The holidays have come and gone and the novelty of your child's new toys has suddenly worn off. Toys and games that were favorites a month ago seem to be collecting dust. Try these tips to make them seem new again while also encouraging your child’s speech and language development!
1. Pretend it’s something else! Pretend play is SO important to speech, language, and cognitive development. It encourages imagination, social and emotional skills, flexible thinking, and more. During pretend play, children are required to describe their thoughts and ideas to their play partners. This encourages them to use new vocabulary, formulate novel sentences, and engage their listener to make sure he or she understands. Have a toy car? Pretend it’s a firetruck and put out a fire in the house or save a cat from a tree! Have some blocks? Instead of building a tower, pretend they’re food and feed all your friends! Have some pretend food? Pretend a banana is a phone and call a friend or turn an apple into a ball and roll it down a ramp!
2. Take turns! Turn taking is essential for all communicative exchanges. It helps engage children with you and each other and prepares them for conversational speech when they get older. Try adding turn taking to an activity that you normally don’t, such as a puzzle or playing with dolls. Instead of letting your child complete the puzzle by him or herself, join in and take turns putting the pieces in or take turns feeding the baby.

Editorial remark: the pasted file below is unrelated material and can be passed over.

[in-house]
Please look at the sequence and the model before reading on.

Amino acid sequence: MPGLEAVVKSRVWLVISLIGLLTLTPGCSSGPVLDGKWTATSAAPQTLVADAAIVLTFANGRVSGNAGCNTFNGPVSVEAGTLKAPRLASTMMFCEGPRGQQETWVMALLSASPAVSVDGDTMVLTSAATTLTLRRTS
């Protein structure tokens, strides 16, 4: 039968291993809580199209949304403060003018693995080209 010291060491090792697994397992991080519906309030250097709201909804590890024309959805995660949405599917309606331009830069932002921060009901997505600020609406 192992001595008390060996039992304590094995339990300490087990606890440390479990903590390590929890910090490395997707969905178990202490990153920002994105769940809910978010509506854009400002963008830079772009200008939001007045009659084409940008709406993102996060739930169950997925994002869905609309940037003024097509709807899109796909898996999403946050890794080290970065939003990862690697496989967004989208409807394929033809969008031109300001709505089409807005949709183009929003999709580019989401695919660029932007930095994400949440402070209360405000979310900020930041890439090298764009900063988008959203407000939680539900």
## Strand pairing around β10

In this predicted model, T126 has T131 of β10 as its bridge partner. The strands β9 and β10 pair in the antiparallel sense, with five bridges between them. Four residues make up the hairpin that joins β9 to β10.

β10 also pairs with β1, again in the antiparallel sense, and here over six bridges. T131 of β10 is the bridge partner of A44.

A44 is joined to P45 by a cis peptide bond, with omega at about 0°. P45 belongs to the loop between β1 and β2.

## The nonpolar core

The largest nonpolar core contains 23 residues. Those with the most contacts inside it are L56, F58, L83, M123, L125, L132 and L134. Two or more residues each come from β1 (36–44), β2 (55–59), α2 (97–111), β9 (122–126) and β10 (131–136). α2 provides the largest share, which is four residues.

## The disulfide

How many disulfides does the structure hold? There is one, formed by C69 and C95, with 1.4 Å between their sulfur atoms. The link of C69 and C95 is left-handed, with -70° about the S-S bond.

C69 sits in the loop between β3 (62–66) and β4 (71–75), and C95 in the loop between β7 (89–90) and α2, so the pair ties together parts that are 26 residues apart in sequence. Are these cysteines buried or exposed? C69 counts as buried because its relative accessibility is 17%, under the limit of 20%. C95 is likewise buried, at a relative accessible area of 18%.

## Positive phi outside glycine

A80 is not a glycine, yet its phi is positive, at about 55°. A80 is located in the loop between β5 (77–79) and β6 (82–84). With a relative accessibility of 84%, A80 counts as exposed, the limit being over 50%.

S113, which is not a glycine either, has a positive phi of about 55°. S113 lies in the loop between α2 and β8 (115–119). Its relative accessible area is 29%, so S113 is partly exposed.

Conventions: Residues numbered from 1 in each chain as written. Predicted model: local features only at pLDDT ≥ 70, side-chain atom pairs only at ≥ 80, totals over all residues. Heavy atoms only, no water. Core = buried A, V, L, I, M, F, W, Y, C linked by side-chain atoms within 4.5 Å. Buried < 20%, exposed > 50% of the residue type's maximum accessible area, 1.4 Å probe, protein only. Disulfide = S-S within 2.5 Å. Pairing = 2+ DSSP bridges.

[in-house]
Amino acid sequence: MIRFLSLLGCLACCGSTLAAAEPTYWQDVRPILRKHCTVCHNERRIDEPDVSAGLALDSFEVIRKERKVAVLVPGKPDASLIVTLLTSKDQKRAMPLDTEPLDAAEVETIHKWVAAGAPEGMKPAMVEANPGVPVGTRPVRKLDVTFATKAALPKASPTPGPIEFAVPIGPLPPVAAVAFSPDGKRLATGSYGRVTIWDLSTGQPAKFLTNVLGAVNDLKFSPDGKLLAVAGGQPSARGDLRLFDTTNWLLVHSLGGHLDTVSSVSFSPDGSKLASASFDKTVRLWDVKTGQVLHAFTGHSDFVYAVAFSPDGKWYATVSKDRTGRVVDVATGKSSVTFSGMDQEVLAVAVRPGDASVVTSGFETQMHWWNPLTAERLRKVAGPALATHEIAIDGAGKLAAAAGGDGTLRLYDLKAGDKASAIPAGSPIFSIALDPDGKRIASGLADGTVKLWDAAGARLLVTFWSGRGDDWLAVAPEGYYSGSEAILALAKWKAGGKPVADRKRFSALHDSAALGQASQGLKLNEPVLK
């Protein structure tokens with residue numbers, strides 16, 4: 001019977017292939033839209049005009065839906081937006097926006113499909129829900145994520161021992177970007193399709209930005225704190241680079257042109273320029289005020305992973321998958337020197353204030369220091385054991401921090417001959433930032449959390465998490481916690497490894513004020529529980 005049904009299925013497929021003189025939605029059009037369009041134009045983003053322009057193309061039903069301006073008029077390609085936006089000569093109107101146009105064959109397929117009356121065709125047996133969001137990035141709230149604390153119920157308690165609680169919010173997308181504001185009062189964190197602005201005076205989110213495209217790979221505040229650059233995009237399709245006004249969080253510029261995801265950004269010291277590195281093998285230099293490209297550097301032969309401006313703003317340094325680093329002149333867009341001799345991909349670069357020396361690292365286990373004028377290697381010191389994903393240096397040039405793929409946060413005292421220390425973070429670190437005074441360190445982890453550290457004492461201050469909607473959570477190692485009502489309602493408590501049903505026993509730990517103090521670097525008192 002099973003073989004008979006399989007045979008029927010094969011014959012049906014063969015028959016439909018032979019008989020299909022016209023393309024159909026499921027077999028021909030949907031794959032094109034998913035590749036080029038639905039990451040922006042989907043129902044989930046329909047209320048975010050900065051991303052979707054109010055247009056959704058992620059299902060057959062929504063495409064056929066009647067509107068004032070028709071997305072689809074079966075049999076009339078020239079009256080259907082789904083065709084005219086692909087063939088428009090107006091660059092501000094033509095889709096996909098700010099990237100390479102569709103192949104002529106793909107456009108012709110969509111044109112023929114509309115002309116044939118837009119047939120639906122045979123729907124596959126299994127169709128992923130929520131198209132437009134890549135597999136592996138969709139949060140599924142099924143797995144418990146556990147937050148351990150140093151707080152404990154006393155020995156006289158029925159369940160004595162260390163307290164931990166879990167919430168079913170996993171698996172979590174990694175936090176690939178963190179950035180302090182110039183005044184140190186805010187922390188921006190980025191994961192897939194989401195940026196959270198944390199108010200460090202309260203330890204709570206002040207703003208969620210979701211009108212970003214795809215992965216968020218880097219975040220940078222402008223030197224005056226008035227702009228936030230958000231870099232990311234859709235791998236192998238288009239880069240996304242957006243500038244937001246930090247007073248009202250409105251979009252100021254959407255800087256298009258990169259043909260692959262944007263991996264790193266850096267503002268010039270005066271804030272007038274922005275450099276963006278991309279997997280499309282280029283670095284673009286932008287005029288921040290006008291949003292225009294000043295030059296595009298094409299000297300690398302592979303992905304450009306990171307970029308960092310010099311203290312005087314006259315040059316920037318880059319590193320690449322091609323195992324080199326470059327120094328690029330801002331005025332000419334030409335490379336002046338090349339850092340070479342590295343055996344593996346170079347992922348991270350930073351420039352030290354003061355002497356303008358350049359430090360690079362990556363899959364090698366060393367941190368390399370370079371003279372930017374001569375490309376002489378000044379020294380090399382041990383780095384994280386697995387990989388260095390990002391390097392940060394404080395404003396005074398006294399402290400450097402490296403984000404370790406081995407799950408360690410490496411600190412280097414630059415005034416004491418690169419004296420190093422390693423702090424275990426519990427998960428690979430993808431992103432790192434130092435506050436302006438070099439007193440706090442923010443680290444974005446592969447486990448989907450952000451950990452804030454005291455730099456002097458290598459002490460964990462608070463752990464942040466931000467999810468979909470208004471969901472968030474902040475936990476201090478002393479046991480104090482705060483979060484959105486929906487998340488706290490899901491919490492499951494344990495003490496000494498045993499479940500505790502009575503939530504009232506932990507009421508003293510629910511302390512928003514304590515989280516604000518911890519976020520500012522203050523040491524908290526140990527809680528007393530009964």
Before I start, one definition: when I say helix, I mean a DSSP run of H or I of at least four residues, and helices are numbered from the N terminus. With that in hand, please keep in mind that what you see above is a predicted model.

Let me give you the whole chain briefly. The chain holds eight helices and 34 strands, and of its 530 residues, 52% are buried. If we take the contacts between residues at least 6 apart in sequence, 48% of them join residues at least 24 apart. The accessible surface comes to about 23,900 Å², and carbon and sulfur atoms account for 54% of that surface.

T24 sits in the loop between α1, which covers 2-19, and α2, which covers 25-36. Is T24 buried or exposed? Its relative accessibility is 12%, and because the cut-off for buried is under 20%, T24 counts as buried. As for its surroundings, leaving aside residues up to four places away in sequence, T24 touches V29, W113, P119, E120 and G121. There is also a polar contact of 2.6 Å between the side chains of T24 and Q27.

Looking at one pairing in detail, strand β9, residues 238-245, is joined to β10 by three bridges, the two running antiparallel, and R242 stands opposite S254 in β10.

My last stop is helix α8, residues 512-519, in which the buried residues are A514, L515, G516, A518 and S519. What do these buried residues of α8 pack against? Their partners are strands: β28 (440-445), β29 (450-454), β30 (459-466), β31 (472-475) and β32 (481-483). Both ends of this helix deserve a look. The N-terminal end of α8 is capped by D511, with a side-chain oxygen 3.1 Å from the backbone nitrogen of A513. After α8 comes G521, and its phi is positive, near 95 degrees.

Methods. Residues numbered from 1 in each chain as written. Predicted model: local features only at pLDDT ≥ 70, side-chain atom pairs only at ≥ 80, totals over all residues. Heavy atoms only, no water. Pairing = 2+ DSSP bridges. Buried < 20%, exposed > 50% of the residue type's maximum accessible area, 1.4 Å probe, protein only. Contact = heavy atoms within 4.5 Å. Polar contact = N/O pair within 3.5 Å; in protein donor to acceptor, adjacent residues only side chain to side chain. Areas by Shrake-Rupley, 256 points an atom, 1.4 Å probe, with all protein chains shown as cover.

3. Move it outside! Make any toy more exciting by playing with it in a new environment. Especially given the situation we are all currently in, kids may be spending a lot of time indoors. Bringing familiar toys outside can help make them seem new again. Have some magnet letters? Try hiding them in the sand box for your child to find. Play hide and seek with your child’s favorite stuffed animal and work on describing location phrases or telling stories about how Mr. Bear ended up under the slide! When the weather’s nice, take out the hose and start a car wash with your child’s toy cars!
4. Organize toys in a new way! Combining toys in a new way can help spark ideas for new ways to play with them. If you typically organize toys by category (e.g. cars, blocks, kitchen, etc.), try grouping them by color, size, or shape. Put all the red toys in one bin and all the green toys in another. Seeing Elmo with a barn might encourage your child to play with these two toys together, even if he or she never has before. When you are ready to clean up, organize the toys in a different way and include your child in the process. This not only helps them learn to clean up when they’re done, but also works on sorting and categorization skills!
5. Add music! So many children love music and many children’s songs tell a story. Acting out the song or adding visuals while singing songs can make them even more meaningful. Take out a toy bus and put in the driver, mama, and baby as you sing Wheels on the Bus. Use a farm while you sing Old MacDonald and have your child practice making the animal sounds.
Pro Tip: Many pre-recorded songs and videos sing VERY quickly, which can be frustrating for young children trying to sing along, especially if he or she is just learning to talk or has difficulty with communication. While you’re listening to the song, pause it periodically to give your child a chance to sing some of the words him or herself and act it out with your toys. Even better, sing it yourself! When singing songs yourself, you not only can engage more fully with your child by going at his or her pace, but you can also change the lyrics to make them more meaningful. Is your child more interested in zoo animals than farm animals? Sing Old MacDonald had a zoo!